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Articles | Thu 23rd May, 2019
It is commonplace for social media posts to form part of personal injury litigation. They can be provided by parties in the course of disclosure or uncovered throughout the life of proceedings, often in an attempt to discredit a claimant’s account of their injuries. Recently, in Zurich Insurance PLC v David Romaine  EWCA Civ 851 (CA), the Court of Appeal granted permission for committal proceedings to be brought against a litigant in person whose Facebook account revealed his dishonest account of his injuries.
On the 17th November 2015, the Respondent issued proceedings against the Appellant’s insured, Stanley Refrigeration Limited (“SRL”), and a third party, Lee Beesley Mech & Elec Limited (“LBMEL”), for noise induced hearing loss. The Respondent had been employed by LBMEL as a refrigeration engineer from 1965 to 1971 and by SRL as an apprentice engineer from 1978 to 1985. The Respondent’s Amended Particulars of Claim alleged breaches of statutory duty and/or negligence against SRL and LBMEL, which had caused him bilateral long-term noise induced hearing loss and mild tinnitus.
The Respondent relied upon a medical report of Mr Hugh Wheatley, which was attached to his Particulars of Claim. The medical report stated that the Respondent “had not had any noisy hobbies”. SRL and LBMEL later obtained the Respondent’s medical records, which suggested that he was a professional singer and a motorcyclist. Part 18 questions were subsequently asked of the Respondent. The Respondent stated in his responses that he “was never and have never been a professional singer” and further denied playing with a live band, signing the document with a statement of truth. In his witness statement, again signed with a statement of truth, the Respondent specifically stated: “I do not ride a motorcycle, nor do I participate in or attend motocross or motorsport events”.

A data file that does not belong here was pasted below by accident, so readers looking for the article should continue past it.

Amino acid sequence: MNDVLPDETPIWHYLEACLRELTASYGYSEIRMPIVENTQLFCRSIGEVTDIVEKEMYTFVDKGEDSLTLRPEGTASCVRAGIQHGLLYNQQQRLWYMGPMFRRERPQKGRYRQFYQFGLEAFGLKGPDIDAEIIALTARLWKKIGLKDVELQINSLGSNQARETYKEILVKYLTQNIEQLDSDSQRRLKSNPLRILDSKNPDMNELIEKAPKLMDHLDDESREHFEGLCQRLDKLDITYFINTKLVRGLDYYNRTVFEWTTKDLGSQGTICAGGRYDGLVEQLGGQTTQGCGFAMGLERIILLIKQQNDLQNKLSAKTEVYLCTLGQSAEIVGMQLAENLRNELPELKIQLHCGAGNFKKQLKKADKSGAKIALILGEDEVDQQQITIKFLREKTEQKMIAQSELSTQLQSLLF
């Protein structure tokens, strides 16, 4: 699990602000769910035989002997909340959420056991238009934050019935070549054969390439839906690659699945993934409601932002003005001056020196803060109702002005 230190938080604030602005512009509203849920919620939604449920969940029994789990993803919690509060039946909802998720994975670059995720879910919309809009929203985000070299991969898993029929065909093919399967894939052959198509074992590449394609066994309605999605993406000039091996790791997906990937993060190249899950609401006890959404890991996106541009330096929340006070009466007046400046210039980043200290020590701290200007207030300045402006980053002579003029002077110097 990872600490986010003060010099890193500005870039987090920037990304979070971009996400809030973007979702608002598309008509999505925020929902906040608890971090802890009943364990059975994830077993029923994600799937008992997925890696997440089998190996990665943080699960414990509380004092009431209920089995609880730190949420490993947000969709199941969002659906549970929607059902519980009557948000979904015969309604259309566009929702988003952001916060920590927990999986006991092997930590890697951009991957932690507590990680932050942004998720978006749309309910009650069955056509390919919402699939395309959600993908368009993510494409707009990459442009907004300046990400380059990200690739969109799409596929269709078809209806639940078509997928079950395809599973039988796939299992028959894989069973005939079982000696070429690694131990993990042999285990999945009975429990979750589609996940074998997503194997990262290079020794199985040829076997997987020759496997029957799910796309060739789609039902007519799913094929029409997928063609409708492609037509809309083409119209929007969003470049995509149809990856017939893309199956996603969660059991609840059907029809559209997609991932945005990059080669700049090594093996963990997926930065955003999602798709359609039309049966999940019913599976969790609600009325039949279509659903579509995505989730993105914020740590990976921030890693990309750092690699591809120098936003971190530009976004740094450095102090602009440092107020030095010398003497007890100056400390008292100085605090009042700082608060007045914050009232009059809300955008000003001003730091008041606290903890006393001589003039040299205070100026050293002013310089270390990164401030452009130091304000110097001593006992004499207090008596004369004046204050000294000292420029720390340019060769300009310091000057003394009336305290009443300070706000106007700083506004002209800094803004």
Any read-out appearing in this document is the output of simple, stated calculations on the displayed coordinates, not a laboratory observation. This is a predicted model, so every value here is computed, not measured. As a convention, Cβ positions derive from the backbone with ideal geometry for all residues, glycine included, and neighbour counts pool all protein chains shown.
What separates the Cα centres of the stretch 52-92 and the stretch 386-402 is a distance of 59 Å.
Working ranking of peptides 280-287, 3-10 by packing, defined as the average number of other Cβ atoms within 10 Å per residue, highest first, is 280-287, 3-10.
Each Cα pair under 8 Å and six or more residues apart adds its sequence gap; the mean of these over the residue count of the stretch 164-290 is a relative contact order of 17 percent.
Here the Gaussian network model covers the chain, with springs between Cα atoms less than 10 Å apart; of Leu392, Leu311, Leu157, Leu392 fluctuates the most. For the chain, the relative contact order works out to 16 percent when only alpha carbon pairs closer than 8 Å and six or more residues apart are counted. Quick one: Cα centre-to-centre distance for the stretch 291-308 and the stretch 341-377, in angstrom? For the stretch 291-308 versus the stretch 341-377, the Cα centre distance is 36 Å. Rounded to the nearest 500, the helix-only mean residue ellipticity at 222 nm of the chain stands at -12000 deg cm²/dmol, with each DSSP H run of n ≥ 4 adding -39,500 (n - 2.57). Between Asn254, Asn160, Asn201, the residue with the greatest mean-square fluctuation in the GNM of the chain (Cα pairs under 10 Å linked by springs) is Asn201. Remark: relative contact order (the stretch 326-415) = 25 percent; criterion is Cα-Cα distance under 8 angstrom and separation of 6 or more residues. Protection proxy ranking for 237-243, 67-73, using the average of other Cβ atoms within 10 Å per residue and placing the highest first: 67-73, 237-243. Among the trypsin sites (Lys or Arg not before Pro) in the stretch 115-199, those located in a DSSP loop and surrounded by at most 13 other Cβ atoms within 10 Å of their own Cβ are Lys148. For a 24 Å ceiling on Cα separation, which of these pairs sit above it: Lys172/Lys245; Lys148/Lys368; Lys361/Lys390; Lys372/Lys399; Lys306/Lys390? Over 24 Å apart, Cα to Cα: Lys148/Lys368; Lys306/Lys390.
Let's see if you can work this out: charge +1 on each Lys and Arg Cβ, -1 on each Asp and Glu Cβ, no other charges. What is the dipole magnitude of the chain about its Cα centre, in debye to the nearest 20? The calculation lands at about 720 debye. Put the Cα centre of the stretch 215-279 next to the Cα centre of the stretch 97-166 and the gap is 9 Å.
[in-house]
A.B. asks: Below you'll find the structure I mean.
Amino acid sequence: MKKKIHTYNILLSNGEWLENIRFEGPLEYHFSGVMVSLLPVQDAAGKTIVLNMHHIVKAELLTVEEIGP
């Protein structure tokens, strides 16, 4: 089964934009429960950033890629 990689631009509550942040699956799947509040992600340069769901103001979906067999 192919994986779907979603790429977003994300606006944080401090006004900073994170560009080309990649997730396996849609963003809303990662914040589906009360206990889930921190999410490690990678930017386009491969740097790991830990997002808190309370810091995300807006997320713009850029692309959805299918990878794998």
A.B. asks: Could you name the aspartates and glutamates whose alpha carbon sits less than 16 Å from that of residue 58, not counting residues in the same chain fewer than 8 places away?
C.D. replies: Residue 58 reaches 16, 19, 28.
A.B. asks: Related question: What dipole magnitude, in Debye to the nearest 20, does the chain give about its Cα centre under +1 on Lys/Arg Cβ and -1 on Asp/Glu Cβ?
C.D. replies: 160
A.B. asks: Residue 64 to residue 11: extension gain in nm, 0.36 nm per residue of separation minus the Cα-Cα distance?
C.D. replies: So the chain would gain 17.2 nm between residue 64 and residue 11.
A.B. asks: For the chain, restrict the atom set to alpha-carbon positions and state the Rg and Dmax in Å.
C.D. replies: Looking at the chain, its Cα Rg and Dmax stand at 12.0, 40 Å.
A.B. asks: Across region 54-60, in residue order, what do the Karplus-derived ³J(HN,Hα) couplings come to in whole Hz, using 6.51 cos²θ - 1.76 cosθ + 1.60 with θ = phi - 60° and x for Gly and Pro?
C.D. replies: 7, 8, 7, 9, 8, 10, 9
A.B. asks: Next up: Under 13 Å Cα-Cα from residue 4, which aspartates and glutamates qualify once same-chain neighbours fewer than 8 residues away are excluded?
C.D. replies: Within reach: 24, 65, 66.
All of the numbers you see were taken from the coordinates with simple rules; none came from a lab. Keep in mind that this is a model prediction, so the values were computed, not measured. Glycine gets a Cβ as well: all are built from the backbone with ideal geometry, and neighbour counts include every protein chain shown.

The Appellant’s solicitors commissioned an intelligence report in the light of these discrepancies. The Respondent’s Facebook page revealed that:
The Appellant consequently served the intelligence evidence upon the Respondent along with a notice that a strike out application would be made in due course. The Respondent was also advised that if he sought to discontinue, the Appellant would make an application to set aside the notice of discontinuance and/or seek a trial on the issue of his fundamental dishonesty.
The strike out application was made in March 2017 and the Respondent subsequently served a notice of discontinuance.
In September 2017, the Appellant issued and served committal proceedings on the Respondent. In November 2017, the Respondent provided a witness statement opposing the committal.
In August 2017, Goose J dismissed the Appellant’s application for permission to commence contempt proceedings on paper without a hearing. He did so on the basis that whilst there was good evidence of false statements being made deliberately, the documents upon which the statement of truth appeared “were not signed by the Defendant”. He further recorded that it was not in the public interest that committal proceedings be brought in the circumstances where the Respondent discontinued his claim at a relatively early stage of the proceedings.